There are so many stories of this country that we don’t often hear.
Incredible stories of the earth, and the power of its people.
Sun drenched plains stretching to the horizon. Rich red earth, hot against the cool blue sky. Dreamtime stories indelibly etched in every tree, every rock and every grain of sand.
This is our home, thought the Warlmanpa and Warumungu people.
What a perfect place for a nuclear waste dump, thought the Australian government.
When the Government first proposed Northern Territory’s Muckaty Station, near Tennant Creek, as the site of Australia’s first nuclear waste site, Kylie Sambo was just a school girl confused by a story on the radio.
She had no idea what it meant when her uncle told her it was her time “to be in front, fighting this problem.”
“Just remember,” he told her, “You may think you own the land. But the land owns you.”
Now, after eight years of fighting, the Indigenous activist can say she played an integral role in saving her family’s sacred homeland.
It’s the most amazing Australian story, this week on the Fighting For Fair podcast
It was the death of Kylie’s uncle that was the catalyst for her to take on the Government in a legal challenge to protect the land.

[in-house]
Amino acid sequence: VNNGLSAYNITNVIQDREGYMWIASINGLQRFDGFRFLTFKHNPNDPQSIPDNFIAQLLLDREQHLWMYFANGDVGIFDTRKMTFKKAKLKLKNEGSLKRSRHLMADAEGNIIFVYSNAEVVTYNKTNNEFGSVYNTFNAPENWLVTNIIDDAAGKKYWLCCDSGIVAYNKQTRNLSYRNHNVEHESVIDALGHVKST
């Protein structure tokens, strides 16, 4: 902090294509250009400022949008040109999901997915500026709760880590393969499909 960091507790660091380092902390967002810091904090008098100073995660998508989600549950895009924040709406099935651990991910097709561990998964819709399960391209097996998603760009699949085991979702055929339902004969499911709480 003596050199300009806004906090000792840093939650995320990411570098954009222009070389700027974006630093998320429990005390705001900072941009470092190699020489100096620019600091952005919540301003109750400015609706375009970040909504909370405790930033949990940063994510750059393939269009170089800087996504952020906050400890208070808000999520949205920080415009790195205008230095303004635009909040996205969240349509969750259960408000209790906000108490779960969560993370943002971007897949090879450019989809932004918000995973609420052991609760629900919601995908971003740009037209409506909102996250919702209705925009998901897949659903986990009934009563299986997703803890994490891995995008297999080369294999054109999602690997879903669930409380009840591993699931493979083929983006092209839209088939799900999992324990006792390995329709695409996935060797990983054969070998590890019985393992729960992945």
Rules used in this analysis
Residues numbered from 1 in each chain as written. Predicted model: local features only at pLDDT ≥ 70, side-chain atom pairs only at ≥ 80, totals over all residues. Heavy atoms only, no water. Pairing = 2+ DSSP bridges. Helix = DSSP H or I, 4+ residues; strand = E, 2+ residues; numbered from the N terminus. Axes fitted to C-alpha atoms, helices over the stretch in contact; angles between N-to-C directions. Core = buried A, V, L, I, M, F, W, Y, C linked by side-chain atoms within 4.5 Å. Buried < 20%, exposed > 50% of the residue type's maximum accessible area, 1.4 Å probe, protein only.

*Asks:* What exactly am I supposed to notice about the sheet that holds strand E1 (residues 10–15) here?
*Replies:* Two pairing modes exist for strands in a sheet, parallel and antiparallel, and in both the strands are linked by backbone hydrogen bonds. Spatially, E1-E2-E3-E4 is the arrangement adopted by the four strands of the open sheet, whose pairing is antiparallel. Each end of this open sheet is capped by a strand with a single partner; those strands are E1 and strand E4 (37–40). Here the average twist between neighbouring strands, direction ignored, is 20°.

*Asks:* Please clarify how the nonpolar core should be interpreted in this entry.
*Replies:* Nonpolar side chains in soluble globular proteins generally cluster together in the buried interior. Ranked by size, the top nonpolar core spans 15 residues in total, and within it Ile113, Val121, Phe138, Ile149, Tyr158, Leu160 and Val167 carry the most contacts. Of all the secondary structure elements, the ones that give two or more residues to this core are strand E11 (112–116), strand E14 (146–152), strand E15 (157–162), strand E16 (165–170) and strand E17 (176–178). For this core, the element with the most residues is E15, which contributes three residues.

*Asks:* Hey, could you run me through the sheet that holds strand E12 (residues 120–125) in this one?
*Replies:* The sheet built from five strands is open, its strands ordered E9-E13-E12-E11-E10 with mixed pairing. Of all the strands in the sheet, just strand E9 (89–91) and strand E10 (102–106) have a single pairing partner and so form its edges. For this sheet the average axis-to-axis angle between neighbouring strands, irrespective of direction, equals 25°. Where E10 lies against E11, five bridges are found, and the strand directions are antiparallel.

“I heard him through the winds. Through the birds. Through the trees – the branches as they rub against each other,” she said.
“Then I got the idea of making two things that I loved in my life work. My land, and my music. I combined them together and I created something great, something extraordinary, something that is true to me and something that will always be with me.”
A 16-year-old Kylie crafted a song that spoke of the injustice against her people.
Don’t waste the territory, this land means a lot to me / Been living here for centuries, this place we call Muckaty / Let’s get together and fight / Planting your poison in our land, just to get some cash in the hand / You’re drilling a hole right through my soul.